Out of the Humidor
From the Print Edition:
Winston Churchill, Autumn 93
(continued from page 2)
In one particular room, filled with special dignitaries to the convention, I was seated at a table with four charming women, regaling them with tall tales and several jokes. Suddenly, an old shrew crawled over to our table and demanded that I put out my cigar. She informed me that they had passed some rule that had outlawed cigar smoking at their conventions. She then shoved a glass of water at me and began to bray that my cigar smelled bad and I would have to put it out in the glass of water. She was saying all this while smoking a cigarette.
I stood up, squared myself, and looked the old battle-ax right in the eye and said in my best W.C. Fields voice: "My dear, if you want the cigar out, you only have to ask. But this verbal sewage you are spewing in my direction regarding my cigar is uncalled for. You, my little Rocky Mountain canary, are crazy. And I, in all probability, am drunk. However, in the morning I will be sober, and you'll be crazy for the rest of your life."
With that I bid a fond farewell to my friends at the table and strolled out of the room to the sound of thunderous applause. I had made an impression on the entire room. One of the muckety-mucks found me later and thanked me for putting that woman in her place because they had been trying for years without success to do what I had done in a matter of minutes. He offered me one of his cigars and we chatted for about five minutes about our love of cigars.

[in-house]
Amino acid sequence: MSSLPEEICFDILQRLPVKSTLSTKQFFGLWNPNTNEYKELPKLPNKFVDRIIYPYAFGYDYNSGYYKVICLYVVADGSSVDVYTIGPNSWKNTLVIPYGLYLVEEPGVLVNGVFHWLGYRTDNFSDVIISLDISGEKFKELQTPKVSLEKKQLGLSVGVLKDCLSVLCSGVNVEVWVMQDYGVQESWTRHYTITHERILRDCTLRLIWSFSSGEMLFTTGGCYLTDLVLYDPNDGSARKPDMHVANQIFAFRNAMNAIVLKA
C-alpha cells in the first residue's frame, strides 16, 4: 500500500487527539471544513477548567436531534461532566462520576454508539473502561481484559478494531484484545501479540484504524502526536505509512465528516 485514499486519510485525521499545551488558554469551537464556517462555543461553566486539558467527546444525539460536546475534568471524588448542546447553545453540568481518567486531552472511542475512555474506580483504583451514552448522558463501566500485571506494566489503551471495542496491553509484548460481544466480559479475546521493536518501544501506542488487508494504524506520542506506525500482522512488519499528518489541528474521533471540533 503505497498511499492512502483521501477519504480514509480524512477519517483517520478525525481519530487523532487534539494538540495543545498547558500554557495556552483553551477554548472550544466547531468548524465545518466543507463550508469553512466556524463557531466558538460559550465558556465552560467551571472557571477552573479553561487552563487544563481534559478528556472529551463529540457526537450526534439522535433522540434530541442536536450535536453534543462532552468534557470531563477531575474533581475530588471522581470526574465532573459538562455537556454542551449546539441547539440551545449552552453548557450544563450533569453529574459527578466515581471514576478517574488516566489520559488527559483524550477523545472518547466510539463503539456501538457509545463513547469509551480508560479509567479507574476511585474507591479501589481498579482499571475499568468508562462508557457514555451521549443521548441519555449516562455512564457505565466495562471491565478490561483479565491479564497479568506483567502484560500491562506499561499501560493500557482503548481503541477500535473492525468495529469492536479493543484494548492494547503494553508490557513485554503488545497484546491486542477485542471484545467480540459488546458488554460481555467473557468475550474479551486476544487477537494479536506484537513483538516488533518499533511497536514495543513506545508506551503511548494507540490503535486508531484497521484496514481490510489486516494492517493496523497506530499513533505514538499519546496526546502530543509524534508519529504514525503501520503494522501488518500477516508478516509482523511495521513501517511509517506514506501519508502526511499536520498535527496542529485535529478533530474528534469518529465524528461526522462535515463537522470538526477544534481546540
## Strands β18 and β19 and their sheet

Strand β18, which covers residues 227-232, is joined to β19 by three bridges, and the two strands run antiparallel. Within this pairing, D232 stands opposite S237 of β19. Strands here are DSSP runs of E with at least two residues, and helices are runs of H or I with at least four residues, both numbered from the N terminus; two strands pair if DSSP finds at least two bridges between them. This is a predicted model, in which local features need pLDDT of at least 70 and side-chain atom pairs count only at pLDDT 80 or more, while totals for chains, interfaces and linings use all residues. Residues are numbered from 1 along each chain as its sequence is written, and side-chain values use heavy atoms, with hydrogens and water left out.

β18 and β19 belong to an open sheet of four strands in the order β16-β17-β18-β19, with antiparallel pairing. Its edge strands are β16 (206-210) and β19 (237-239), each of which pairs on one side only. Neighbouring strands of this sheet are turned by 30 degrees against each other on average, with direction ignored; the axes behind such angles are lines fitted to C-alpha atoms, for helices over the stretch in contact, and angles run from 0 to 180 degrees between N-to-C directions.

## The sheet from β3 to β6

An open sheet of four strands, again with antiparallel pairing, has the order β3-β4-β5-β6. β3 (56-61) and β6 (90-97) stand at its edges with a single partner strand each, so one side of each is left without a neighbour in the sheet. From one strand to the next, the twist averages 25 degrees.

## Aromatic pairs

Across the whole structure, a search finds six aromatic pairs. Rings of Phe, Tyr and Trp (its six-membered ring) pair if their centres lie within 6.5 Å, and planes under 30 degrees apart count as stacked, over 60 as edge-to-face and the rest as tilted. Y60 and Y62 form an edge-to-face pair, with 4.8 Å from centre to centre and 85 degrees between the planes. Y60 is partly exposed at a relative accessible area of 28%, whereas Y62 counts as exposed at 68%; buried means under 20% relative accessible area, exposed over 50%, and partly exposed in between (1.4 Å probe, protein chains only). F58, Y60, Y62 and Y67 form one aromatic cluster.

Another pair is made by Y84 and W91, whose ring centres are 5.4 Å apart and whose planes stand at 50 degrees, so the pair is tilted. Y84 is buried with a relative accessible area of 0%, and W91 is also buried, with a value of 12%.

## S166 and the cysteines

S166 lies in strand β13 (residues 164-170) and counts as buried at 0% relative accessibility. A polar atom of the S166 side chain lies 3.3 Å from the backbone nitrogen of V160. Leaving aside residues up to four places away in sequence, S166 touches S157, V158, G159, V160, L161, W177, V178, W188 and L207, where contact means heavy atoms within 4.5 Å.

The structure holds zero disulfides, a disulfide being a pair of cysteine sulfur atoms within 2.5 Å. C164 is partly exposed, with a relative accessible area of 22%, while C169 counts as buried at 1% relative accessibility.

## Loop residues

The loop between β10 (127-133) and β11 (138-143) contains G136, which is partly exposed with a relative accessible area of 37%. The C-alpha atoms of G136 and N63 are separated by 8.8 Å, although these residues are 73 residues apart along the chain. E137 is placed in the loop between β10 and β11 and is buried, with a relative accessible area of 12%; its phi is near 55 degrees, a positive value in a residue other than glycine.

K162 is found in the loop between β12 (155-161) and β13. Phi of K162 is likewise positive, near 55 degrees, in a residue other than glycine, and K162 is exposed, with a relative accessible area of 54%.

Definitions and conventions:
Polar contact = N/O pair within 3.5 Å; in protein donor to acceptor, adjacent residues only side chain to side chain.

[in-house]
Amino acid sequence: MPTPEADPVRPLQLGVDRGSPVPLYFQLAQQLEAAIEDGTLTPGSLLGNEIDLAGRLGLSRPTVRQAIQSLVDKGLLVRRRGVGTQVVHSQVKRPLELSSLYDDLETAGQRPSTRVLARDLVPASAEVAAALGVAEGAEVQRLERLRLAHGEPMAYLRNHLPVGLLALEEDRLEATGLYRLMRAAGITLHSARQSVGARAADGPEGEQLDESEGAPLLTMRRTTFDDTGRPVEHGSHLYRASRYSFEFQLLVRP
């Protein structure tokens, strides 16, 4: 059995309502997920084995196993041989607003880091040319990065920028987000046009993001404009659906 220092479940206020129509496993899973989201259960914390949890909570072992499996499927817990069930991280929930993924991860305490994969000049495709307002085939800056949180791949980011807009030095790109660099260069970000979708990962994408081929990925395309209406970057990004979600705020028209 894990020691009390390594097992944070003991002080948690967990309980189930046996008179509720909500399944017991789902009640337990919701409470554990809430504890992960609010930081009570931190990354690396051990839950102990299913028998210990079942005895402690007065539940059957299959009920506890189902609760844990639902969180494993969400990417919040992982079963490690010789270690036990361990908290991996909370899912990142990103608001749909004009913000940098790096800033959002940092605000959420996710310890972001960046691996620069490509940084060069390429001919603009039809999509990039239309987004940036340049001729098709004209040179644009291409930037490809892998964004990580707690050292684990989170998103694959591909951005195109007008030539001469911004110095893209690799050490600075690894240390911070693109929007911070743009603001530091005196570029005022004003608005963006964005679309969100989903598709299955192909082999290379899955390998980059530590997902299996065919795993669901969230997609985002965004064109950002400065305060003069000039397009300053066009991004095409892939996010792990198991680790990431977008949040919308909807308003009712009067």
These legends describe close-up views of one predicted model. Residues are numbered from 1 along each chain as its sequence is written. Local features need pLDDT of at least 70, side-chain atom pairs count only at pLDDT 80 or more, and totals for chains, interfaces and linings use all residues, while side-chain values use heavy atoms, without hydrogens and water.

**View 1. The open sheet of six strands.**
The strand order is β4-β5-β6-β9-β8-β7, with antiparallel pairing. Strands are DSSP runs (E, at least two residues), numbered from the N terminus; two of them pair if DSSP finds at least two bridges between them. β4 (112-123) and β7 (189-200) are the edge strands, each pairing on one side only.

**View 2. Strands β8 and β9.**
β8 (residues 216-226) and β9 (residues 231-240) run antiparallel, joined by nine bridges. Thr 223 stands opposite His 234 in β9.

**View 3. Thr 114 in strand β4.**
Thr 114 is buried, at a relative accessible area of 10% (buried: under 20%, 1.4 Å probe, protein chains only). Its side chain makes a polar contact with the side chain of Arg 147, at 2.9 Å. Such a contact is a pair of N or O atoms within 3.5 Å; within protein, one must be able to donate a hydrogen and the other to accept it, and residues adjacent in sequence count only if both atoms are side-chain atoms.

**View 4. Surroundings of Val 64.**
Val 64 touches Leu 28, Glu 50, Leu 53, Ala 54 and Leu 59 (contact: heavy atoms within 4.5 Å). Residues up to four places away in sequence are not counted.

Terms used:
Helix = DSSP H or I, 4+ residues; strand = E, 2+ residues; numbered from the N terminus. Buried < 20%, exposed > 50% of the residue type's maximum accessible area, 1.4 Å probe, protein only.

We have all suffered someone like the woman I encountered, be they male or female. But we can now take solace in the pages of Brother Shanken's publication, as we now know where we can light up without fear of repercussion from anyone who would have us put out our cigar in a glass of water.
Keep up the good work, Marvin. The beacon at the end of your double corona shines for all of us in the dim, but thankfully not yet dark world of personal freedoms. Long may it burn.
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I'm very pleased with CIGAR AFICIONADO. It lends conviviality to a dignified enjoyment that our time is leaving behind in its neurotic rush to embrace ways to exist longer, as if that were the same as living well.
John A. Rippo
Publisher, The Espresso, San Diego's coffeehouse and cafe newspaper
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